In a latest development to the issue of ensuring education to children with disabilities, the Delhi High Court on December 6, 2017 asked the Centre to file a reply to a plea seeking to ensure the Right to Education for children with disabilities.
The Delhi High Court bench comprising Acting Chief Justice Gita Mittal and Justice C Hari Shankar issued a notice to the Centre and the Ministry of Social Justice and Empowerment and asked them to reply to the plea within four weeks.
Filed by Vidhi Centre for Legal Policy, the plea alleged that India, having ratified the United Nation Convention on Rights of Persons with Disabilities, was under an obligation to make ‘inclusive education‘ effective in all schools in the country.
“The right to education of children with disabilities makes it the government’s obligation to ensure that schools provide the requisite facilities to meet the learning needs of different types of students with disabilities,” the plea said.
“In order to satisfy the commitment made under the UN Convention, provisions related to ‘inclusive education’ ought to have been included under the RTE Act, the plea added.
“However, by only ensuring access to mainstream schools without clearly specifying norms and standards for inclusion, individualised support and reasonable accommodation, the RTE Act is merely paying lip service to the concept of inclusive education,” it said.
The plea, while urging the Centre to issue directions introduce norms and standards of inclusive education within the ambit of the RTE Act, also sought to ensure that the requirements of inclusive education are met by all schools and enforced in case of non-compliance.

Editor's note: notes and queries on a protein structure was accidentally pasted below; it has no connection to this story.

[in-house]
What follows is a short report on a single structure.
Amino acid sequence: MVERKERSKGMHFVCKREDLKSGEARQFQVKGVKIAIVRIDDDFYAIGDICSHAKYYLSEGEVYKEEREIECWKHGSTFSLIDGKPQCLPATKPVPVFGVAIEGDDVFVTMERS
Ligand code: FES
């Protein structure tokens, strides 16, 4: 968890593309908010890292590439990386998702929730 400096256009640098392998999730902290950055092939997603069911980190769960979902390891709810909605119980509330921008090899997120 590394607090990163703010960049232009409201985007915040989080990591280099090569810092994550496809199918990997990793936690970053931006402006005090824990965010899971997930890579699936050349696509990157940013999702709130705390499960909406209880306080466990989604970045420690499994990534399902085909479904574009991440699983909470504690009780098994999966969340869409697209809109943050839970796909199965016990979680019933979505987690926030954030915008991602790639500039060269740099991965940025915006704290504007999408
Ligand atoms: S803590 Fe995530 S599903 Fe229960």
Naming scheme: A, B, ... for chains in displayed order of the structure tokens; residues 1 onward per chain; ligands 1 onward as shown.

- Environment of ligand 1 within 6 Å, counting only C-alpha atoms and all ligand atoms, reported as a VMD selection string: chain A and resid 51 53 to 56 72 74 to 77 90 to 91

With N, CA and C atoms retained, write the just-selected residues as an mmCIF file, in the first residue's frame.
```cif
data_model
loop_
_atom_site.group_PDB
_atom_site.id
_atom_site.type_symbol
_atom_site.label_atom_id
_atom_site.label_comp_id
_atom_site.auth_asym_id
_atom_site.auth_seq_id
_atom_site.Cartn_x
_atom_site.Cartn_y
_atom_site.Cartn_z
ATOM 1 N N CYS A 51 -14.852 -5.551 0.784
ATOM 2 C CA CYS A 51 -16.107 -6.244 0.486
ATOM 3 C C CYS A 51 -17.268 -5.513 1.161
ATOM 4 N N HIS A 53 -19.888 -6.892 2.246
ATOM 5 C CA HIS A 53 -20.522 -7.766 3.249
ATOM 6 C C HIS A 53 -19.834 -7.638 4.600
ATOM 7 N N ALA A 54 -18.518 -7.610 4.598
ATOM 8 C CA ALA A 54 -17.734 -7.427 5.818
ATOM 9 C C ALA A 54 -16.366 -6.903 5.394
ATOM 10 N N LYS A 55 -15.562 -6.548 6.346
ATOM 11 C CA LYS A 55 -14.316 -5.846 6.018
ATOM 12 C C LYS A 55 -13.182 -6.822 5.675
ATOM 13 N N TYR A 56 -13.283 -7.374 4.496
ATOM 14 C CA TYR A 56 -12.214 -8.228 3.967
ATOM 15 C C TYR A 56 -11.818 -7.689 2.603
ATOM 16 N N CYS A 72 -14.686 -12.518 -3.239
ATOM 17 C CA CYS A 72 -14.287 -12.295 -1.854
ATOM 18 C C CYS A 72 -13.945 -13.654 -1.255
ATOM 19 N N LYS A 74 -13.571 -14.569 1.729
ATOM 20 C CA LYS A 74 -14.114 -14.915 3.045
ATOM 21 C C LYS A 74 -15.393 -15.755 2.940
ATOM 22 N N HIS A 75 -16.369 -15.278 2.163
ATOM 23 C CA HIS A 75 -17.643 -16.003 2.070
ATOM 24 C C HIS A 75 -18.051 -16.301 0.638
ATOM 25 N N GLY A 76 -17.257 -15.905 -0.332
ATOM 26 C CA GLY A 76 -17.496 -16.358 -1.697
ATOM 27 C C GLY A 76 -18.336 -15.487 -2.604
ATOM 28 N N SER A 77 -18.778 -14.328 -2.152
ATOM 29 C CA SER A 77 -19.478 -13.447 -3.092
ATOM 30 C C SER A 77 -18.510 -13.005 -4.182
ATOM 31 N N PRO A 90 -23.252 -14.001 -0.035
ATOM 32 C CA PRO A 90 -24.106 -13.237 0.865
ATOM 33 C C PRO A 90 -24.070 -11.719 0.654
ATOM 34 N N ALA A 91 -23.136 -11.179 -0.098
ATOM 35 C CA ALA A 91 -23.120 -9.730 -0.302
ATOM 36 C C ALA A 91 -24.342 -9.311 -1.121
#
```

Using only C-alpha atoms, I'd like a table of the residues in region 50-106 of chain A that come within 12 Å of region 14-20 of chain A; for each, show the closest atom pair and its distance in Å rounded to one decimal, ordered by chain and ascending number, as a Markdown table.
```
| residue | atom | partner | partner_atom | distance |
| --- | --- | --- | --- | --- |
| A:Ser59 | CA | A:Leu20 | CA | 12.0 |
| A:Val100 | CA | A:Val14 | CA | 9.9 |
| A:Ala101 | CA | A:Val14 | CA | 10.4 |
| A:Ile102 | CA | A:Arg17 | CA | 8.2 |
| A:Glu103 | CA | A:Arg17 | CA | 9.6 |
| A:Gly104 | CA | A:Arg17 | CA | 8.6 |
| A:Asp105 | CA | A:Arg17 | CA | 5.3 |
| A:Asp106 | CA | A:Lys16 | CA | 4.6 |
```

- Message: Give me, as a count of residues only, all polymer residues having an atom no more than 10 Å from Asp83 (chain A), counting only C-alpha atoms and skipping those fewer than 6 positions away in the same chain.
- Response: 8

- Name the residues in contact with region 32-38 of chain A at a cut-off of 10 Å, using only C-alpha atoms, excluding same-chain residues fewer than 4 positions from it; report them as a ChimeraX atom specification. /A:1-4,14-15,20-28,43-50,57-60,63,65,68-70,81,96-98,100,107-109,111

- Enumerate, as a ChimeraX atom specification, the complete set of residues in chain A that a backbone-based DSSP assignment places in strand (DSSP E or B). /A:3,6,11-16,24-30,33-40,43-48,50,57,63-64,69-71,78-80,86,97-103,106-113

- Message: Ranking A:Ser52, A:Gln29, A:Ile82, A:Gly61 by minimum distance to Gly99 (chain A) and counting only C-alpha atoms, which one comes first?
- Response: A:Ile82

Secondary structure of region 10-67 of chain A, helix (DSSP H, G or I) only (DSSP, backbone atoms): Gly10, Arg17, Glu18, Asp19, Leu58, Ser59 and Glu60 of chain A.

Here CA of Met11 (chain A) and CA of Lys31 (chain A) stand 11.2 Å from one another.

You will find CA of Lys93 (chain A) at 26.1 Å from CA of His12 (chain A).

According to reports, the principle of inclusive education was adopted by the United Nations in 2006 under the United Nation Convention on Rights of Persons with Disabilities. India became a signatory to the United Nations Convention for the Rights of Persons with Disabilities in 2007.
According to Article 24 of the UN Convention, the state parties will ensure the provision of an inclusive education system at all levels for realising the right to education and on the basis of equal opportunity.
Besides this, India’s Right to Education Act states that 25% of seats in private schools should be reserved for poor and disadvantaged groups. Persons with disabilities are among the disadvantageous groups.
According to media reports, the Supreme Court had on October 30 this year observed that separate schools and distinctly trained teachers should be there for specials kids who suffer from autism, blindness and deafness.
“We are of the prima facie view that the children with special needs have to be imparted education not only by special teachers but there have to be special schools for them,” the top court bench comprising Chief Justice Dipak Misra and Justices AM Khanwilkar and DY Chandrachud said.
“When we say ‘disability’, we do not mean ‘disability’ as has been defined in the Rights of Persons with Disabilities Act, 2016. The Rights of Persons with Disabilities Act, 2016 includes certain physical disabilities which may not be a warrant for getting admission in special schools,” the bench said.